BY: Audrey Levinson
Inside the artist is a vast array of the mind’s eye! Images, imagination, genres, beliefs, how to make the world a better place or cause a change in the world all through your art.
Meg Gregory grew up in the hamlet of Higginsville, town of Verona, NY. She was always a good student and felt confident in school. She found her artistic side ironically when she took a standing-room only chemistry course in her high school that was just too crowded for her. She dropped that class and opted into an art class. Meg enjoyed her artistic side and found this class to be just right for her. She excelled and her art teacher gave her kudos by featuring her artwork in the front lobby of the school. She said that not only did her art teacher take her under his wing but students who would otherwise not talk to her would stop her to ask questions or comment on her art. I could tell by the tone in her voice that this was a time of impact in her life and when I asked, she confirmed that it was.
So after Meg graduated, she went to Hobart and William Smith colleges. She majored in art and minored in anthropology. I have definitely come to realize that art and science both have commonalities to many artists. It may be the experimental process in both disciplines and the discovery of finding out what happens if I put this with that along with the historical elements define art history. Her high school experience led her to want to teach so she could help strengthen people emotionally just as her art teacher had done for her. She received her masters degree in art education at Syracuse University. Meg also took a fiber arts class and studied traditional women’s arts. She appreciates women’s crafts and believes that they are not a proponent to being “crafty” but are practical just as woodworking is to men. Men and women’s crafts have been stereotyped for a long time in our culture.
One of the assignments Meg has accomplished was to make a doll, not necessarily a typical doll but one using her imagination. She created a character of whimsy. Then she created more. They are unique! Meg knits and sews them into creatures with magnificent personalities. Currently, she is weaving with a 24″ Rigid Heddle Loom; tapestry looms, and a spinning wheel. Meg is enthralled with weaving, and she loves the relationship between colors even more than the patterns. She also enjoys charting out patterns. Meg explored the history and long ago knitting and weaving was not associated with gender. Vikings would knit and there was an Elizabethan period when knitting stockings was all the rage. Men and women were not tending to the fields but knitting stockings, and this became an economic issue.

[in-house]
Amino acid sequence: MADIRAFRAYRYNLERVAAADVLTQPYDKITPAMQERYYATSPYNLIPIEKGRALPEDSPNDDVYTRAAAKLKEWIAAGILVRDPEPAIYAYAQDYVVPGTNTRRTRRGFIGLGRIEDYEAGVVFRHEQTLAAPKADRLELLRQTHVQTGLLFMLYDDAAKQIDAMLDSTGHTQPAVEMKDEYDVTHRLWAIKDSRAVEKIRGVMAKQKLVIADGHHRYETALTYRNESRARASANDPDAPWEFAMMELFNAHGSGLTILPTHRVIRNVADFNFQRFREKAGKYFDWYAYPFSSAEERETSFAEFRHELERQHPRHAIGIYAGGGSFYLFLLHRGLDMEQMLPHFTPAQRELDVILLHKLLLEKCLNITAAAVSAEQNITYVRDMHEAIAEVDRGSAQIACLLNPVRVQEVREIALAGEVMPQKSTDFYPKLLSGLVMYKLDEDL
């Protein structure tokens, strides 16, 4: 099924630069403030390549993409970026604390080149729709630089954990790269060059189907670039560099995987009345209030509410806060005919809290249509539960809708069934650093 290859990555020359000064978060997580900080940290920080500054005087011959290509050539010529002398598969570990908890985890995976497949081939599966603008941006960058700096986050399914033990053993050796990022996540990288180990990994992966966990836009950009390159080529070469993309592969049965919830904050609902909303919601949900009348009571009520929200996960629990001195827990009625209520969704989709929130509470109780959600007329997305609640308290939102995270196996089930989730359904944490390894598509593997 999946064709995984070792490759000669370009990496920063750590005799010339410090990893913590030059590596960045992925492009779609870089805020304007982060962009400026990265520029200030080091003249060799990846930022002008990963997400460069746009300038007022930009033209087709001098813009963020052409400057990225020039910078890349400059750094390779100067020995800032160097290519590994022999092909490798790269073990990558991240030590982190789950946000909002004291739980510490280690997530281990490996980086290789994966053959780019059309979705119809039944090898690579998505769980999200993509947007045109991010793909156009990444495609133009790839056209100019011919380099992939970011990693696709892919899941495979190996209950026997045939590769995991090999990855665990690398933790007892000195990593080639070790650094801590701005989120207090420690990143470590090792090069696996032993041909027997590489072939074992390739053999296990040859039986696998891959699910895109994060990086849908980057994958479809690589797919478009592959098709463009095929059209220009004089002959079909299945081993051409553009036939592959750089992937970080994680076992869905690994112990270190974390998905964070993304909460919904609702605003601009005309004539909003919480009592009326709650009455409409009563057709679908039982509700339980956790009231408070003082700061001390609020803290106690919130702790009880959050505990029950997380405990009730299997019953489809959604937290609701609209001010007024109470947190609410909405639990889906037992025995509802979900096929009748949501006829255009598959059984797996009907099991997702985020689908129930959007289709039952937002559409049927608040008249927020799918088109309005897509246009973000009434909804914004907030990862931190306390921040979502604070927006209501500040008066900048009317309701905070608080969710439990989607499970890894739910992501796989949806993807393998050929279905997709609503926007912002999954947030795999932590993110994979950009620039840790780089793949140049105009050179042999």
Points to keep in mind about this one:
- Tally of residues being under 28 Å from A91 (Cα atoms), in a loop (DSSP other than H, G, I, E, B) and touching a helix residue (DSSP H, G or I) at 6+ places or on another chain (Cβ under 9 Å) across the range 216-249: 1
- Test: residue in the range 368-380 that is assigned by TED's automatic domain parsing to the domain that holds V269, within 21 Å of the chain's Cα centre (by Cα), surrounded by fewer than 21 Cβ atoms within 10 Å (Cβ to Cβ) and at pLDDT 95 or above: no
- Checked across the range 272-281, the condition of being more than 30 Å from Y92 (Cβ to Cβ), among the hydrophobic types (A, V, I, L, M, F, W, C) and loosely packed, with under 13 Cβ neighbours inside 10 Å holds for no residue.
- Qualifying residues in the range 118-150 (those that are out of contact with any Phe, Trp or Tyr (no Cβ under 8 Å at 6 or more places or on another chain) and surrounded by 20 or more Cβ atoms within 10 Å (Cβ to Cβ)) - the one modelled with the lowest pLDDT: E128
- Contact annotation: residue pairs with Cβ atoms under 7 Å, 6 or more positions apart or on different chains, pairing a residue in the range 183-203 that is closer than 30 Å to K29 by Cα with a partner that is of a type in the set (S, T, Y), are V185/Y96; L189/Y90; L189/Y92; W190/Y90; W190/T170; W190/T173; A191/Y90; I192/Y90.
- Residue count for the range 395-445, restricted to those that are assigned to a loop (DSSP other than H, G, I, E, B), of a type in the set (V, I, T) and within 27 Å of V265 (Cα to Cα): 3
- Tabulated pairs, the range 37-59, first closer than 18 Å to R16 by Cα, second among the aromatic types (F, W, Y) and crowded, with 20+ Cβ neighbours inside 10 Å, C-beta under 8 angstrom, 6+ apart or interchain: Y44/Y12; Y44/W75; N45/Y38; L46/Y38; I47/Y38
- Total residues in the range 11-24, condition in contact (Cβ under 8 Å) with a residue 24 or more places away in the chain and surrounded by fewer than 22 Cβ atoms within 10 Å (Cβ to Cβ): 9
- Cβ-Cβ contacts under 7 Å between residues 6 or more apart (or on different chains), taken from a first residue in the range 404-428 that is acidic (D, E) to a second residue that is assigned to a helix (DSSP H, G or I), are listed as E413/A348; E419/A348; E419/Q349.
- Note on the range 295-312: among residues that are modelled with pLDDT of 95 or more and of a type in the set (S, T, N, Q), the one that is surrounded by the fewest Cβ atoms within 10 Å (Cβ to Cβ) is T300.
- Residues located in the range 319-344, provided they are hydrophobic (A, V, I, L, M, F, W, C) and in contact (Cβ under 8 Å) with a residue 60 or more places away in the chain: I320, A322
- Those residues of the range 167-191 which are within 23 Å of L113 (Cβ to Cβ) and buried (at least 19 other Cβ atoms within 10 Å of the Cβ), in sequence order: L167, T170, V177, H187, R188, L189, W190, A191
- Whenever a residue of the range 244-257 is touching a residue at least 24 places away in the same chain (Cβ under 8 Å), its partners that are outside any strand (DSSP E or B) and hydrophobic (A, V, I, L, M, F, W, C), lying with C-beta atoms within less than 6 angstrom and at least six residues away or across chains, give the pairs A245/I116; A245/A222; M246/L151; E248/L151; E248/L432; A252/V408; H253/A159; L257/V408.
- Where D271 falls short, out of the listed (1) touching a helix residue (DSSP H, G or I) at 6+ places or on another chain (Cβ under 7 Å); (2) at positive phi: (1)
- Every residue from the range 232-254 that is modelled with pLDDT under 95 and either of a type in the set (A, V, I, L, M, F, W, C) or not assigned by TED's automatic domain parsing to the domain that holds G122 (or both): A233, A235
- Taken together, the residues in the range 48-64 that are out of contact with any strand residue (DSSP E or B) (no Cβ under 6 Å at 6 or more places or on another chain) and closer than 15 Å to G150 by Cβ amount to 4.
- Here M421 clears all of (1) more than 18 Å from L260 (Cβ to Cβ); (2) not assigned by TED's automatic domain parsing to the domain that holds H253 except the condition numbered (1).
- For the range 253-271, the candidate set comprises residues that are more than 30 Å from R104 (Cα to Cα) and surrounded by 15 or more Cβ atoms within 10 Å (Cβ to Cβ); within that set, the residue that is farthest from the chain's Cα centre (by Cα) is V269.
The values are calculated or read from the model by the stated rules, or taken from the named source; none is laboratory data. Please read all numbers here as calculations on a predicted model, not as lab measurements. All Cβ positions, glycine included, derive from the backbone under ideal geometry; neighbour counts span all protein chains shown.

Meg is a deep thinker and has the drive to examine the inner self and express that. She met with another pivotal point in her life that many of us have experienced. That is divorce. While healing from heartbreak, she would visit her long-time best friend with her dog and go for long walks in the woods. This comforted her. She decided to paint a portrait of her dog in a way that expressed the steadfast loyalty of her canine friend. She felt comforted by the way her dog chose to walk next to her through the woods without a leash. She added a cairn of rocks in the painting because historically Cairns were used to mark important things in places just as her friends welcoming home and the woods she loved to walk in with her dog. This was a place worth marking. Meg describes painting as her first boyfriend of whom she will always revisit. Though she has different artistic interests that are so varied from each other, she will always paint. In recent months, she has taken an interest in holistic herbs and has created some paintings based on them and other small woodland creatures. Meg enjoys abstractions and paints them beautifully. She is a powerhouse of so many types of creations. She sometimes paints outdoors, en plein air and will abstract nature as well.
I asked her which artists she is influenced by, and she named all but one that I was familiar with. They are Cezanne (particularly in high school), Kandinsky, Henri Moore, Georgia O’Keefe, and Emily Carr. Emily Carr was one of the famous Canadian painters who was known for her abstracted paintings of the outdoors. As I looked at Meg’s paintings, I could see a strong connection between Meg Gregory and Emily Carr. Meg is like the center of the sun with all its’ rays hitting different parts of the (art) world. She worries that this makes her name unrecognizable but with her vast experience and knowledge, she will find a time when her only focus is making her name throughout the art world.